Fabio Bonizzoni returns with his long-awaited new recording of Handel’s 'Aci, Galatea e Polifemo'. Who better to team up with Bonizzoni, performing the role of the luckless shepherd Aci, than scintillating soprano Roberta Invernizzi. Her captivating contributions to Glossa's Handel series with La Risonanza as well as her 'I Viaggi di Faustina' have drawn powerful critical plaudits, including more than one disc of the Month. Handel’s virtuosic and ebullient score, written for a 1708 wedding whilst he was in Naples (Carlo Vitali sets the scene in his enjoyably discursive booklet essay) also summons Argentinean bass, Lisandro Abadie, to demonstrate an awe-inspiring range that well becomes the monstrous nature of Polifemo. He is joined by French mezzo Blandine Staskiewicz, admirably suited to portray Galatea’s plaintive charms.
Christopher Hogwood conducts the Orchestra of the Age of Enlightenment and a distinguished cast including Danielle de Niese and Charles Workman in Wayne McGregor's new production of Handel's opera in which The Royal Opera and The Royal Ballet appear in a rare and beautifully crafted collaboration. Filmed with High Definition cameras and recorded in true surround sound.
This is not the English masque _Acis and Galathea_ but an earlier effort on the same story composed during the composer's youthful tour of Italy, described as a "serenade for three voices." It is deliciously scored, a perfect gem. All the parts work well–duets, ensembles, solos, and recitatives. It doesn't hold the stature of his later oratorio and operatic output, but it deserves equal renown for its pleasures are indisputable. With such refined yet expressive singing, you won't be disappointed to hear, in earlier guises, passages more familiar from Rinaldo and elsewhere.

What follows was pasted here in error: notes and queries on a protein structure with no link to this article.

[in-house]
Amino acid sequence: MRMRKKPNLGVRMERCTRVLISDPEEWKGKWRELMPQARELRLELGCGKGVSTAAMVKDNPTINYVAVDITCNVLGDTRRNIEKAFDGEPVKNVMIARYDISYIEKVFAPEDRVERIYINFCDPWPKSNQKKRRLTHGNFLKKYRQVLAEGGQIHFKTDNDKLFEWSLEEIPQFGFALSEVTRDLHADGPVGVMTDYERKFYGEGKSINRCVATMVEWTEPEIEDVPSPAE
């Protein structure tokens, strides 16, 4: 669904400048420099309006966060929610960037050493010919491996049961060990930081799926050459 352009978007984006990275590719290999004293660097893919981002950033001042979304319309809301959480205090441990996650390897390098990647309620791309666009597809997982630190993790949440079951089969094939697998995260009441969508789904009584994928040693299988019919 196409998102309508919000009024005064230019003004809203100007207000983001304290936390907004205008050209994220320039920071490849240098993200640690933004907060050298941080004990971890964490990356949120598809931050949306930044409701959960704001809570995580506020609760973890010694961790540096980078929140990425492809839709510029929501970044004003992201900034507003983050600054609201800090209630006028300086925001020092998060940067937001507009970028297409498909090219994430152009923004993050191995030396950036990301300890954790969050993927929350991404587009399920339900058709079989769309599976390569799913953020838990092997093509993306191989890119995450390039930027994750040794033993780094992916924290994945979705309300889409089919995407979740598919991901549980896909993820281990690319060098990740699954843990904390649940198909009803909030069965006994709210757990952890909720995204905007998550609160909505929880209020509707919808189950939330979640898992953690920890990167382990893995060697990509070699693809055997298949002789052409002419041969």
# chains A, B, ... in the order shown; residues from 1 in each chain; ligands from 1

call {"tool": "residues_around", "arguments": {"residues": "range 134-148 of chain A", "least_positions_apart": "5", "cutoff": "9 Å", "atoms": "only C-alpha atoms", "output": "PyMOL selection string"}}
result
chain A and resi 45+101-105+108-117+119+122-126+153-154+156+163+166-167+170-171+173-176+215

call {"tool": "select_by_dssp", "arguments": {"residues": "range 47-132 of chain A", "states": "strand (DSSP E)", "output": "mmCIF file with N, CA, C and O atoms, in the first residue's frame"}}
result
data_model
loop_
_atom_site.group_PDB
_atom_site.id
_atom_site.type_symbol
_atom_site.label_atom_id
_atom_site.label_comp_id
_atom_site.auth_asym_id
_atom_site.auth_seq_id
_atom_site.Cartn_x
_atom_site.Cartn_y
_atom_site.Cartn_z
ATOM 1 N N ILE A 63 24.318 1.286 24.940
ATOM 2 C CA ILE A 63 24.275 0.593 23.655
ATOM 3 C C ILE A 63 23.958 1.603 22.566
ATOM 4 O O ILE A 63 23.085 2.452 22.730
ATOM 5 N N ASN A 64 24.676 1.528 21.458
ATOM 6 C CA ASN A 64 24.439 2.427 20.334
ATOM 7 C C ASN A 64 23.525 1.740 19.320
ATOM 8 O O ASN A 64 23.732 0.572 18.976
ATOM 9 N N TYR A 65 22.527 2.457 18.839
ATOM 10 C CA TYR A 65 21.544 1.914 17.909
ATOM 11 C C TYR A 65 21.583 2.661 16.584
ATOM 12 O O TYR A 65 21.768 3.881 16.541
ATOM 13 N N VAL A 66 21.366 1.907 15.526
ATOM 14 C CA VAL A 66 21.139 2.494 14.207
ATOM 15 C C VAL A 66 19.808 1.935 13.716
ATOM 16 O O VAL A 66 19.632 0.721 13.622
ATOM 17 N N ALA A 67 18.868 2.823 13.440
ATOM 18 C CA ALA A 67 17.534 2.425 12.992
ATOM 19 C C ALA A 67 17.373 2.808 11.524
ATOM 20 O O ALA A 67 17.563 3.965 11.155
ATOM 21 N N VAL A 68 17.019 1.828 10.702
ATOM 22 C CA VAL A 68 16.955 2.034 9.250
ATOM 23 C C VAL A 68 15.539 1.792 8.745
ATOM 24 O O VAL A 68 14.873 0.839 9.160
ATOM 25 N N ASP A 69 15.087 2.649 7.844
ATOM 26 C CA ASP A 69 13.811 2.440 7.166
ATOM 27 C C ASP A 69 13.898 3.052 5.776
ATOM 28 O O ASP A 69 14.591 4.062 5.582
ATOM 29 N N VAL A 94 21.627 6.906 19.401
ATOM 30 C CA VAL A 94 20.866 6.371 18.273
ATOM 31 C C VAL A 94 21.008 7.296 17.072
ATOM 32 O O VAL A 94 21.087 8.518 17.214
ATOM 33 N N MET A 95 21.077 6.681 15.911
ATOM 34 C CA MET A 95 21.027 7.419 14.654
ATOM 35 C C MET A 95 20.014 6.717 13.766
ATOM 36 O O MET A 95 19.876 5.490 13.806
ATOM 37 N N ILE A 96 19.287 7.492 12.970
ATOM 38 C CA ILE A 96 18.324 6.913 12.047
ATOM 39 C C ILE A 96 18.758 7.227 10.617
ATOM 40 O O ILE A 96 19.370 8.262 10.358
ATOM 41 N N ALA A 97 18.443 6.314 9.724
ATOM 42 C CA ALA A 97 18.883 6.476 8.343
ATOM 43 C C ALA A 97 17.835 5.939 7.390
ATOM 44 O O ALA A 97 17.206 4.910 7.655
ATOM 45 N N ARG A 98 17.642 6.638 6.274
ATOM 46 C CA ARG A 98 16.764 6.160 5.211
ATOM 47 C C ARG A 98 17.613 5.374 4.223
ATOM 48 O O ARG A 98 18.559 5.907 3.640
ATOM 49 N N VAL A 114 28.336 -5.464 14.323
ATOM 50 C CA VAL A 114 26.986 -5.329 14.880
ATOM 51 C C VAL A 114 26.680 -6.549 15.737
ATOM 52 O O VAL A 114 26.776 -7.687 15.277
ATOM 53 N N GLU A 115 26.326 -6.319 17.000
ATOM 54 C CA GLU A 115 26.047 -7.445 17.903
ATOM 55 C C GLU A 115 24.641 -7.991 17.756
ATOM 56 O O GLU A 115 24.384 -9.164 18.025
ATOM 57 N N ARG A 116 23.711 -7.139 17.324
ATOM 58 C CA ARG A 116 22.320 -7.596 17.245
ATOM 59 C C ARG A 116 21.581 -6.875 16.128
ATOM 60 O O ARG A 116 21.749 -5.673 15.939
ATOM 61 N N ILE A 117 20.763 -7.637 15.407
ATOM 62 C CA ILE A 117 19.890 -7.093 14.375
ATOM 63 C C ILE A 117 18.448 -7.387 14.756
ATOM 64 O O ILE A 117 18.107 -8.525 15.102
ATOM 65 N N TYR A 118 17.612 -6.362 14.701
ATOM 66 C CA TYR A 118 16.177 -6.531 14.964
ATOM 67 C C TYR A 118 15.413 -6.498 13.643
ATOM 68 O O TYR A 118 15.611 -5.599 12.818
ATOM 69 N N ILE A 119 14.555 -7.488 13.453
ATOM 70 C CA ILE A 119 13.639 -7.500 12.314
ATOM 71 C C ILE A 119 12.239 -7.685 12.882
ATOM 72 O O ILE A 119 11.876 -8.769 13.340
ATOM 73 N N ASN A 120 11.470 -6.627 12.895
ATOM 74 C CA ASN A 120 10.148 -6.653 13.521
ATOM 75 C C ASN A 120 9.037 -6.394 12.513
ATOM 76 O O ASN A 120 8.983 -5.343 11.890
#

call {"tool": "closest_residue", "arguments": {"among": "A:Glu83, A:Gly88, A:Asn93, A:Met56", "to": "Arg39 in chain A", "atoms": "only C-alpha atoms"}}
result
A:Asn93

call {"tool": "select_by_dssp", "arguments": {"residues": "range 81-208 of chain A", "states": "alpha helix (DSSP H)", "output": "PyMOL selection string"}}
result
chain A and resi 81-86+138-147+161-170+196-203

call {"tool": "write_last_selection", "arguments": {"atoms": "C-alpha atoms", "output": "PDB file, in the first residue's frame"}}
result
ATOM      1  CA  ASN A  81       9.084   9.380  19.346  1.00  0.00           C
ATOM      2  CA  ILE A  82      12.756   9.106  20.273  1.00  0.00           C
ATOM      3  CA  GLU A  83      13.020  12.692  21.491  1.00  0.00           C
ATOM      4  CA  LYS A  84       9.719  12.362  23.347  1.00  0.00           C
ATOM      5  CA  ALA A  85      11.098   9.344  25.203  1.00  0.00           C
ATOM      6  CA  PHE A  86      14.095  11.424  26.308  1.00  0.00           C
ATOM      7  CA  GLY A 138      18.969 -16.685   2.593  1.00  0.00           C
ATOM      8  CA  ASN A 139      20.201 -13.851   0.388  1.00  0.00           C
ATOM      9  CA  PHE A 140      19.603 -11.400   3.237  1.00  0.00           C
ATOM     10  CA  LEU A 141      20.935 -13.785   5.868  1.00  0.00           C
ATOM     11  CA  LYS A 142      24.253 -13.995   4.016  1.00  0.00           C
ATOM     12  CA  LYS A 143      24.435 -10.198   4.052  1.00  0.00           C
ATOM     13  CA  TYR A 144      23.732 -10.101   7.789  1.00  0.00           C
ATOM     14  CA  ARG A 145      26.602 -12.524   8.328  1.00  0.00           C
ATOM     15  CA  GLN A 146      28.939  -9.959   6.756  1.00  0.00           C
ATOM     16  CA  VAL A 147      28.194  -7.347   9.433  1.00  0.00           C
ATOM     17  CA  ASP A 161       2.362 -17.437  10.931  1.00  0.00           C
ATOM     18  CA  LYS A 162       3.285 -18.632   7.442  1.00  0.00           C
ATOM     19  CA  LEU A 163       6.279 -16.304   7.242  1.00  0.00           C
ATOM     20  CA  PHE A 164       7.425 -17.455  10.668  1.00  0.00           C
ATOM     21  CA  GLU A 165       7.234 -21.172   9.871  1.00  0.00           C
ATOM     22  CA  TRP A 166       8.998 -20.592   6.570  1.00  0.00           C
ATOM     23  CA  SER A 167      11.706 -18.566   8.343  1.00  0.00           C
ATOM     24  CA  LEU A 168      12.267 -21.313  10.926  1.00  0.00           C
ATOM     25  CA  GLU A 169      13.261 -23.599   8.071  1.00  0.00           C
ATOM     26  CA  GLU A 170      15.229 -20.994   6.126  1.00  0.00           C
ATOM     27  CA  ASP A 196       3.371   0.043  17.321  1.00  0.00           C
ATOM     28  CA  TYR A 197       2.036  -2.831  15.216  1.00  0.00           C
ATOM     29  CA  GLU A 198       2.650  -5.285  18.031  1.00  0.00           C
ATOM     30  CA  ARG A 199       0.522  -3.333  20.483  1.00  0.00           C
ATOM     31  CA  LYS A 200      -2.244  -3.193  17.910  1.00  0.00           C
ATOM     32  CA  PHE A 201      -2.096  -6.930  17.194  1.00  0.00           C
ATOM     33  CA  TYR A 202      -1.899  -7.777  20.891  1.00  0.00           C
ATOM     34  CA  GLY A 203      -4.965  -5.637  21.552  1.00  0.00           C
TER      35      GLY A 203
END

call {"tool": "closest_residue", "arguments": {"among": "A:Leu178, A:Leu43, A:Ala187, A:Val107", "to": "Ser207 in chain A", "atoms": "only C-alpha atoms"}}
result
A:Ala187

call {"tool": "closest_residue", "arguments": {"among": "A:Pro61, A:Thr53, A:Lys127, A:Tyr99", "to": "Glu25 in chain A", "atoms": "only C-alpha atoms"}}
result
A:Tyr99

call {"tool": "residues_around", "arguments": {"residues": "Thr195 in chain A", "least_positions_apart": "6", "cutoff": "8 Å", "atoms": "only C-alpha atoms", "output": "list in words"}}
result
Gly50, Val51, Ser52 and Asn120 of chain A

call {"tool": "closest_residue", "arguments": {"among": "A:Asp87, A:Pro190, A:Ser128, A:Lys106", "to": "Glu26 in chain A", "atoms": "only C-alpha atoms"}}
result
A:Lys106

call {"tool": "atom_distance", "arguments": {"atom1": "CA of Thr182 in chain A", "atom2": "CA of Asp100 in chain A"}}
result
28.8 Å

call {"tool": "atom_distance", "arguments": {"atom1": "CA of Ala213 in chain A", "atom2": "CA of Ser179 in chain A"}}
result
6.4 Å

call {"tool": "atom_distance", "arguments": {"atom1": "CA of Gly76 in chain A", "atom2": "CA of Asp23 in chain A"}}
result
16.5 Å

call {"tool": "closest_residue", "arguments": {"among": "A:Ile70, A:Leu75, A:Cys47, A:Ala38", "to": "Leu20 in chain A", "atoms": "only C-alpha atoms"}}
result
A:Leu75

“William Christie’s account on Erato is probably now a first recommendation… he has marshalled expert singers; Alan Ewing’s Polyphemus is particularly good, well characterized and spirited. Indeed, the whole performance is full of life and personality, and Christie holds everything together with finesse and grace.” (Penguin Guide) … “Christie has elected to give a ‘chamber version’ of the work, that is, with forces akin to those Handel used for his original Cannons performances: probably five singers and between seven and a dozen instrumentalists… it is a polished and strongly characterized performance, finely recorded, and is certainly the first we would urge anyone to try.”(Gramophone)
These are unquestionably some of the finest early violin sonatas (and what were at the time closely related forms), and this is an interpretation of magnificent stature. (Todd M. McComb, medieval.org, 2001)
Buonamente (1595-1642) is chiefly remembered for his string music, but according to Grove, he also wrote more than 160 sacred vocal works which are, for the most part, lost. Take heart, the string music is stunning and this recording does it a tremendous service. The sonate, canzoni and sinfonie are taken from two published editions, one from 1626 and the other from 1636. […] (Craig Zeichner, goldbergweb.com)